In addition to publishers, some galleries and magazines, for example, also operate as publishing houses. And in some cases, they run open calls to support winning artists in the production of a book or catalog. This usually means that the publisher bears all costs and handles or assists with all aspects of production. Here are a few such organizations and their current and recent calls to check out: 


Founded last year, Cologne-based BUMMBUMM BOOKS is currently running an open call until September 15, 2020, on the topic of freedom. The publishing house invites artists working with photography, illustrations and/or texts to submit their projects on this topic for the opportunity to have it published as a printed and bound book. Four projects will be selected, with all costs of printing, visual editing, layout and production covered by the publisher.

rive gauche gallery

rive gauche gallery and éditions in Paris recently ran an open call for photographers to submit their photo series for the chance to turn it into a book, as well as an exhibition. The gallery offered to publish the artist’s book and provide full financial support for its production and promotion. With the book’s design — it’s format, lay-out, and paper — decided on in collaboration with the artist. 

Light Observer

Similarly, Light Observer magazine launched last year in Milan and ran its first open call earlier this year, offering artists and writers a chance to realize their project as a book. Again, all costs — designing, pre-press, printing, distributing and promoting — were covered by the publisher. 


Aside from looking for opportunities and publishers to submit to, another possible route is to self-publish your book. Of course, having a publisher or institutional support for your publication can bring more credibility to the project. But this doesn’t mean that self-published books can’t be successful, of course. 

Self-publishing also doesn’t necessarily have to mean that you’re on your own — financially or otherwise. There may be opportunities available to support the project, whether via material, resources, production, printing and/or financing. And working with collaborators or contributors can also be a way to reach a wider audience and gain more credibility.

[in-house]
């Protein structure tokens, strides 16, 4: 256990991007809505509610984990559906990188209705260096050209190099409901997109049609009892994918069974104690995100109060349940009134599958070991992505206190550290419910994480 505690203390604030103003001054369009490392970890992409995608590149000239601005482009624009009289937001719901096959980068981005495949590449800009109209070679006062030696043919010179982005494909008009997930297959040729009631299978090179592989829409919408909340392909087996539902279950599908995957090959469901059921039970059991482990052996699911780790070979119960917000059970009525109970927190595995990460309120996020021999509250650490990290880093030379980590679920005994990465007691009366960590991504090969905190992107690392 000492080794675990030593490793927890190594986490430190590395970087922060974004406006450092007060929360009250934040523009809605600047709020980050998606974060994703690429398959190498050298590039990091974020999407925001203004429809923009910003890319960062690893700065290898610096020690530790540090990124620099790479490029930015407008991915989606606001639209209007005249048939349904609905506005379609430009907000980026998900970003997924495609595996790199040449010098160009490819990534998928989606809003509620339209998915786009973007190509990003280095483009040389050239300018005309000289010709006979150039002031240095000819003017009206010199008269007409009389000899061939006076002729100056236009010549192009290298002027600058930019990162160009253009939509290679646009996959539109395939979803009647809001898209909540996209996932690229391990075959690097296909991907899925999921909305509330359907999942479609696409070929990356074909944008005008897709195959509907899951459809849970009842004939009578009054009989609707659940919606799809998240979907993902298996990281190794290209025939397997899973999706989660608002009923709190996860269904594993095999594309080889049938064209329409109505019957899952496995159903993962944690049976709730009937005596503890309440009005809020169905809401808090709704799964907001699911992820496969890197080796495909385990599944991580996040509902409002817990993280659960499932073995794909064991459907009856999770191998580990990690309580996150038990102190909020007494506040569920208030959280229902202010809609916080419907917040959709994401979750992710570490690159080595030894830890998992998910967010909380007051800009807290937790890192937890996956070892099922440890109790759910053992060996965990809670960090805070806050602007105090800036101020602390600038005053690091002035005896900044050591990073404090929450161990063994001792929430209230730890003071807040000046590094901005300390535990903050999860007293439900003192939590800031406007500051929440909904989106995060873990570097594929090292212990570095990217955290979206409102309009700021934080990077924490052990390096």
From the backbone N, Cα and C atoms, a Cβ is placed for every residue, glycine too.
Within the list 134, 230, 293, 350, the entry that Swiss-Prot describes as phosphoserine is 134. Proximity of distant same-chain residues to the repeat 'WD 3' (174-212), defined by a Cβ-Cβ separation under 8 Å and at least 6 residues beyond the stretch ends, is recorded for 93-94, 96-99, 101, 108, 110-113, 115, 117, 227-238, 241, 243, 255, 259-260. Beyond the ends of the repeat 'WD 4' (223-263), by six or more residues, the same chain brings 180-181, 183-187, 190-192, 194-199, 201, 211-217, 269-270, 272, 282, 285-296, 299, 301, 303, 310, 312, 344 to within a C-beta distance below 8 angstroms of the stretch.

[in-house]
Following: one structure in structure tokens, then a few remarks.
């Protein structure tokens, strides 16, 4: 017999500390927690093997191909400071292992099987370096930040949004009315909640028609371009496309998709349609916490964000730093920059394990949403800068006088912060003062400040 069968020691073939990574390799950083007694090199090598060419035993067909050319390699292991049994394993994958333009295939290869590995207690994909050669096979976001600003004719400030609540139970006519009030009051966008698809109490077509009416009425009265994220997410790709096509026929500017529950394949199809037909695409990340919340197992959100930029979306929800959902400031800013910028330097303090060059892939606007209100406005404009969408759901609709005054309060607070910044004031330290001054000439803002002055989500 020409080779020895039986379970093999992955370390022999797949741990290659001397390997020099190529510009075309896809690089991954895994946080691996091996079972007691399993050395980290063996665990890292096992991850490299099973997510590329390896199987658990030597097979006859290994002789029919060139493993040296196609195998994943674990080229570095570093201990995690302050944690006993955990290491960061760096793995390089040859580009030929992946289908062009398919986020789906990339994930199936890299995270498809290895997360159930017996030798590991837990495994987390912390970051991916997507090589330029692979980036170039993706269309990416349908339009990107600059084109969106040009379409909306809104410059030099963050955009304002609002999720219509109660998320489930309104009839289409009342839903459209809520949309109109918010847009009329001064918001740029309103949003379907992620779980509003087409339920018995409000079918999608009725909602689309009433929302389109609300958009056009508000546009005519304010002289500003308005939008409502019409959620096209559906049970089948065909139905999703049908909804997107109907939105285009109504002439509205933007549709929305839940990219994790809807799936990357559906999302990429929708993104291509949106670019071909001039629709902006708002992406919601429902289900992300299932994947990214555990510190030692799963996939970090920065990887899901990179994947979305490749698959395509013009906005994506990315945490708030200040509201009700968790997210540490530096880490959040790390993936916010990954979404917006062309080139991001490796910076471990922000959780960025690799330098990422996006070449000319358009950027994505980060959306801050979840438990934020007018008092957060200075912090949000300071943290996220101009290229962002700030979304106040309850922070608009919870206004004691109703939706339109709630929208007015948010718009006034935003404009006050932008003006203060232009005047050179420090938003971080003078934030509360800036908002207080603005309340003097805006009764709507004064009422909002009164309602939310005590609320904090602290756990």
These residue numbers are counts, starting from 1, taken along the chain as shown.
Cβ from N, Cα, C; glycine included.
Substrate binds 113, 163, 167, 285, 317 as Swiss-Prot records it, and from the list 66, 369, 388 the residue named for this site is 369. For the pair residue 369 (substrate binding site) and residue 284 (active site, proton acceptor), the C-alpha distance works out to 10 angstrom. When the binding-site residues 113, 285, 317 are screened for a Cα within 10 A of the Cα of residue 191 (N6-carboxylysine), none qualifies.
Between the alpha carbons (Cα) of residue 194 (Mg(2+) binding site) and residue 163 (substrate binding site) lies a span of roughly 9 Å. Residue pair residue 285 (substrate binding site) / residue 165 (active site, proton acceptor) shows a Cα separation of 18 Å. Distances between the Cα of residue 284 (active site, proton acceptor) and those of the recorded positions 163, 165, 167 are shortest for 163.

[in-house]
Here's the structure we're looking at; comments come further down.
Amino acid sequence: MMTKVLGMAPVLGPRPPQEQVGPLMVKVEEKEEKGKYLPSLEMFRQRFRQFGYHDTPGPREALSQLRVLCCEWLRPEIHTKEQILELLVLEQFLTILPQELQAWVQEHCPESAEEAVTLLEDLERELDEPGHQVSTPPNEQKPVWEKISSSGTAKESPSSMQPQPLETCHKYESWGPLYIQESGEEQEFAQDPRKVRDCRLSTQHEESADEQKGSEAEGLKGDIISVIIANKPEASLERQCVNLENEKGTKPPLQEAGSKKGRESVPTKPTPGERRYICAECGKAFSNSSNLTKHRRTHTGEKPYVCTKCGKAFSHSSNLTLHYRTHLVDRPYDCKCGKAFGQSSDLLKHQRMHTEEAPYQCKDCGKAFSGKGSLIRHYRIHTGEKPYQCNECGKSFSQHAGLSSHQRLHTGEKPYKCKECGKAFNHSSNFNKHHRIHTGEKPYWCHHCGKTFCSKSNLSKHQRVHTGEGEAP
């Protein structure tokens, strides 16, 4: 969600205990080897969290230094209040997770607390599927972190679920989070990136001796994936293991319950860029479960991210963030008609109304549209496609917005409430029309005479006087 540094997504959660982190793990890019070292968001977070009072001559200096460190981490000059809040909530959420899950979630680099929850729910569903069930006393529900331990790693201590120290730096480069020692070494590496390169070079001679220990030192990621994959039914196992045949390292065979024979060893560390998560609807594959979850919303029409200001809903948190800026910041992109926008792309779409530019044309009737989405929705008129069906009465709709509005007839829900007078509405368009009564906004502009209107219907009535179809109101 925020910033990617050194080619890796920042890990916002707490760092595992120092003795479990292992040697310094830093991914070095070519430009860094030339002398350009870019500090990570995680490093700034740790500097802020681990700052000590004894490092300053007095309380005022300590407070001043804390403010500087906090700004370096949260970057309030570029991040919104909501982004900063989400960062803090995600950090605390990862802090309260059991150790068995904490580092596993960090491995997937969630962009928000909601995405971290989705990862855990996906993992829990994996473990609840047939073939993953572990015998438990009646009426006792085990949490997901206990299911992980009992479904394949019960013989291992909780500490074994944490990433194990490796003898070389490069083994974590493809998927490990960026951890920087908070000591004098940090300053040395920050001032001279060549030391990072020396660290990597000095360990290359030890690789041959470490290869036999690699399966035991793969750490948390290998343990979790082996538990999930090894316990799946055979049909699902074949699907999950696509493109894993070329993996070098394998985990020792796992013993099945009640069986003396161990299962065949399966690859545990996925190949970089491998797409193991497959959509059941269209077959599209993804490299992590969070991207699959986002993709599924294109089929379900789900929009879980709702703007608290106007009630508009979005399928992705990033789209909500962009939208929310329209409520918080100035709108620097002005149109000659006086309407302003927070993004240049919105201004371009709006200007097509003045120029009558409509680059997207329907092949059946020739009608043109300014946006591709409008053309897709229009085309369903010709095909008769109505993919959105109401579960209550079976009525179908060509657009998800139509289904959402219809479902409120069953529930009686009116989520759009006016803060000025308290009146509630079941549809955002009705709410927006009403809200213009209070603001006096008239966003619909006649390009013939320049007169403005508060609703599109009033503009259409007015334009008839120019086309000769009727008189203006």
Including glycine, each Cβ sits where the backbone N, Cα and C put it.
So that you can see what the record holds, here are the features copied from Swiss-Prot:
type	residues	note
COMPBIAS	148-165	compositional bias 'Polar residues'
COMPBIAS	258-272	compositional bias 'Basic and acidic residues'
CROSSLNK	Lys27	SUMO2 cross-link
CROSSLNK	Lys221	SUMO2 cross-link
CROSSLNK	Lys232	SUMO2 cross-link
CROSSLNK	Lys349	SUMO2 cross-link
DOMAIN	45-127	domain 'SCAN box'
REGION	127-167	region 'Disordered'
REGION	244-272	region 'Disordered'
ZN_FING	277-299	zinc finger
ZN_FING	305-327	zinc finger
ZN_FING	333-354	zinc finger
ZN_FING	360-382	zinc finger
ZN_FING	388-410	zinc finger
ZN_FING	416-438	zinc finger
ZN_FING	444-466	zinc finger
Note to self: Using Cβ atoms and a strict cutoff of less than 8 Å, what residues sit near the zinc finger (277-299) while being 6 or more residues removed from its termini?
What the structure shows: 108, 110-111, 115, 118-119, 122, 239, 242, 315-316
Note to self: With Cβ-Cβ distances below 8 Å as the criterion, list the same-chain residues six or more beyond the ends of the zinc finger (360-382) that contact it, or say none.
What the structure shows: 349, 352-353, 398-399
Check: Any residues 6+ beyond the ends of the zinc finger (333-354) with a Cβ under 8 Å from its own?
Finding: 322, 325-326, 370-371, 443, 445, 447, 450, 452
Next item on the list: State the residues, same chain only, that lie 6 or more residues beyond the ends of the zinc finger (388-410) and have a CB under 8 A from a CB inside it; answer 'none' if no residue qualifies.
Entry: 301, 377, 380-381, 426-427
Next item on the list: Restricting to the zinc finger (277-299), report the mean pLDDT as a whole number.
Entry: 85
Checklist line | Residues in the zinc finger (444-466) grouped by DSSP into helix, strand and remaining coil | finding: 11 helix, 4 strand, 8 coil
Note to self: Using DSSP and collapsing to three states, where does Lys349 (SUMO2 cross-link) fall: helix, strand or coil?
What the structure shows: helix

It may be possible to produce your art book through a residency program, where you have the possibility to receive funding, support, and access to tools and equipment. There are even some programs that are specifically focused on independent publishing practices. 

Independent Publishing Resource Center (IPRC) in Portland, Oregon, for example, provides affordable access to space, tools, and resources for creating independently published works. In addition, they also run a program including workshops and a BI/POC Artist & Writer Residency. Through the residency, artists and writers are provided time, resources, support, and a stipend to create their projects.

Studios and Workshops

To manage the printing, production, and binding yourself, there may also be workshop and studio facilities available for use by artists at reduced rates.

As mentioned above, Independent Publishing Resource Center (IPRC) in Portland, Oregon, for example, also operates affordable studio spaces for projects in print. Their facilities include digital design software and equipment, as well as paper cutting, finishing and binding tools, in addition to studios for printing processes like risograph and screenprinting. The Center’s studios and equipment are made available via monthly and yearly membership packages, as well as hourly, daily, weekly and monthly rates for non-members.

There’s also the BBK Berlin Printmakers’ Workshop at Kunstquartier Bethanien in Berlin-Kreuzberg. The printmaker’s workshop of the berufsverband bildender künstler*innen (bbk) is open to all artists and can be accessed for a daily rate. It offers extensive resources and equipment for producing work in all printing techniques, as well as papermaking, bookbinding, and catalogue and book printing.